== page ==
Common houseplants could make nail salons safer

Common Houseplants Could Make Nail Salons Safer

Plants can do some amazing things. Most recently, new research found some common house plants can absorb potentially harmful indoor pollutants.

The research for presentation at a meeting of the American Chemical Society looked at pollutants called volatile organic compounds, which can be found in paints, furniture, dry cleaning and acetone — the common ingredient in nail polish remover.

RELATED: 15 unusual uses for nail polish

15 Unusual Uses For Nail Polish
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15 Unusual Uses For Nail Polish

Smudge Proof Labels

Don’t let a little water ruin your label! Apply a light coat of nail polish over any label and it is instantly waterproofed! Perfect for potted plant labels or a set of keys.

Photo Credit: Flickr/sciondriver

Seal an Envelope

Need an extra seal or trying to seal an envelope that just won’t stick? Try a dab of clear nail polish on the corner of each side for an extra hold.

Photo Credit: Fickr/Special Invite

Threading a Needle

A quick fix for fighting with a needle and thread is dipping the end of your thread in a small amount of nail polish for easier entry.

Photo Credit: Flickr/ilkin.

Prevent Jewelry from Tarnishing

We love fun costume jewelry as much as the next girl, but HATE that hint of green that winds up on our fingers or wrists! Prevent this by painting a clear coat on the inside of that fab ring you just bought, and presto: no issues!

Photo Credit: Flickr/HA! Designs - Artbyheather

Keep Laces and Rope from Unraveling

You can burn the ends of your laces or rope to keep it from unraveling, but for a fun spin, use nail polish instead! Color makes it fun, but clear works just as well.

Photo Credit: Flickr/Eek the Cat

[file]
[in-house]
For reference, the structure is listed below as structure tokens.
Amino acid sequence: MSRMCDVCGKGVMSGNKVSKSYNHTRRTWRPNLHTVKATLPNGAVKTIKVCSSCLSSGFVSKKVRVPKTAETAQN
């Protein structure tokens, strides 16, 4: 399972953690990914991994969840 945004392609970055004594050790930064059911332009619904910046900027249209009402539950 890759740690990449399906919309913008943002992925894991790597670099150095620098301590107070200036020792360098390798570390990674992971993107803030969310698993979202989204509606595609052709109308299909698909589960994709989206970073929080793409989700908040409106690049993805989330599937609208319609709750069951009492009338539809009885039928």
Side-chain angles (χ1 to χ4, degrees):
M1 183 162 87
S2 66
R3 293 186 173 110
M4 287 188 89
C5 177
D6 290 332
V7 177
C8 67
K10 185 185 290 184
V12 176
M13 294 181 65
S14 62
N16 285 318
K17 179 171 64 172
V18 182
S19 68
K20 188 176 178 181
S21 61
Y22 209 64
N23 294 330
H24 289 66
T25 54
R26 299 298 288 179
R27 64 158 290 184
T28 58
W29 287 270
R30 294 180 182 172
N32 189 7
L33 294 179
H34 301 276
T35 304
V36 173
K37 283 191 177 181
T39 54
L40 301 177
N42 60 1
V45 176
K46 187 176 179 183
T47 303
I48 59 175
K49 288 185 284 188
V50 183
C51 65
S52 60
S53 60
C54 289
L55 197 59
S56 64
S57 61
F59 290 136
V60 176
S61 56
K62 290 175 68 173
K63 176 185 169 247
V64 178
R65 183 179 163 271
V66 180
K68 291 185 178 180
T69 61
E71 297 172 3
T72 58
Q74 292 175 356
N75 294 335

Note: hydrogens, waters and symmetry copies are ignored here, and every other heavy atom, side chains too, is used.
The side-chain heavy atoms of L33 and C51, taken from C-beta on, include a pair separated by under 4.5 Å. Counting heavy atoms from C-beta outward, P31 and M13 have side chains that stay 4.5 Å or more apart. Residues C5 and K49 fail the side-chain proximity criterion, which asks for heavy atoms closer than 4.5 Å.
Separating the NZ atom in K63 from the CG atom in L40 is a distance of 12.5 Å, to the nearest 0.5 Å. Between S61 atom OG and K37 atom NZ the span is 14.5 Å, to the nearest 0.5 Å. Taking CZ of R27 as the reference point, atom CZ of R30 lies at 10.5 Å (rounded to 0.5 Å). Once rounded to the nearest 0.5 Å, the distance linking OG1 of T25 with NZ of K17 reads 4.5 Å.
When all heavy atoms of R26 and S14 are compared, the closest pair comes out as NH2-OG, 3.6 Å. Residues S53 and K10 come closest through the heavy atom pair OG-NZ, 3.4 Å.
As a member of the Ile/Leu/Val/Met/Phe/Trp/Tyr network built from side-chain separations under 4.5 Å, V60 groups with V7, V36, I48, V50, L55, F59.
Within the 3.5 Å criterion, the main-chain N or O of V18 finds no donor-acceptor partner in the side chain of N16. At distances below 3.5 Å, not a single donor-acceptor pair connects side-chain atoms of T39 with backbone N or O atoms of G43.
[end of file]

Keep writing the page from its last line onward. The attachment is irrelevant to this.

Tighten Loose Screws

For an extra hold, coat your screws in nail polish.  After setting the screws let the polish dry.  This should give you added durability.

Photo Credit: Flickr/izik

Color Code Objects

Color code objects that look similar so you can tell them apart. Paint different shades on your set of keys so your roommate stops grabbing yours by mistake!

Photo Credit: Flickr/GraceOda

Mark Levels on Things

Mark different levels on your buckets or other objects used for measurement - mark one line for soap and another for water!

Photo Credit: Flickr/chrisinplymouth

Stop Runs in their Tracks

Stops runs in stockings by dabbing polish at both ends. This way you can get more wear out of your hosiery, even after a tiny tear.  If they're torn beyond repair, use them for something else!

Photo Credit: Flickr/Kashif Haque

Waterproof Matches

Put clear nail polish on the tips of matches to protect them from rain when you head outdoors. Helpful if you’ll be using lanterns or planning a picnic (candlelit dinner, anyone?).

 Photo Credit: Flickr/dhammza

Smooth Splintered Furniture

Coats splinters in furniture so you don't rip or snag your clothing. Apply a light coat or two over the problem area ensuring you won’t damage your clothing any further.

Photo Credit: Flickr/Humberto Marum

Add a Little Glitter

Add a little glitter to any top coat for an added glam. You can also try adding glitter to a base coat for dimension and texture to your nails.

 Photo Credit: Flickr/y-a-n

Paint the Sole of Your High-Heels (think Christian Louboutin):

An easy (and cheap!) way to model your shoes after the highly coveted brand, and give them a fresh new look.

Photo Credit: Flickr/y-a-n

Cover Up Your Scuffs

Cover up a scratch on scuffed shoes or boots by applying a coat of black or brown (or red) nail polish to your shoes!

Photo Credit: Flickr/Tuba a la mode

Mark Your Thermostat and Shower Settings

Place a small marking on your ideal thermostat or shower heat settings, and never take a shower that’s too hot (or too cold!) ever again.

Photo Credit: Flickr/hsivonen


The lead researcher said, "Inhaling large amounts of VOCs can lead some people to develop sick building syndrome, which reduces productivity and can even cause dizziness, asthma or allergies."

The plants include the jade plant, Caribbean tree cactus, spider plant, bromeliad and dracaena.

Researchers say all five houseplants studied could absorb acetone from the air, but the dracaena absorbed a remarkable 94 percent of the chemical in the experiment.

SEE MORE: Apparently, Plants Know How To 'Gamble'

Next, the lead researcher wants to test the plants in nail salons to see if they can reduce acetone exposure for workers.

The findings could eventually make way for plants to replace more expensive ventilation systems.

(Additional reporting by

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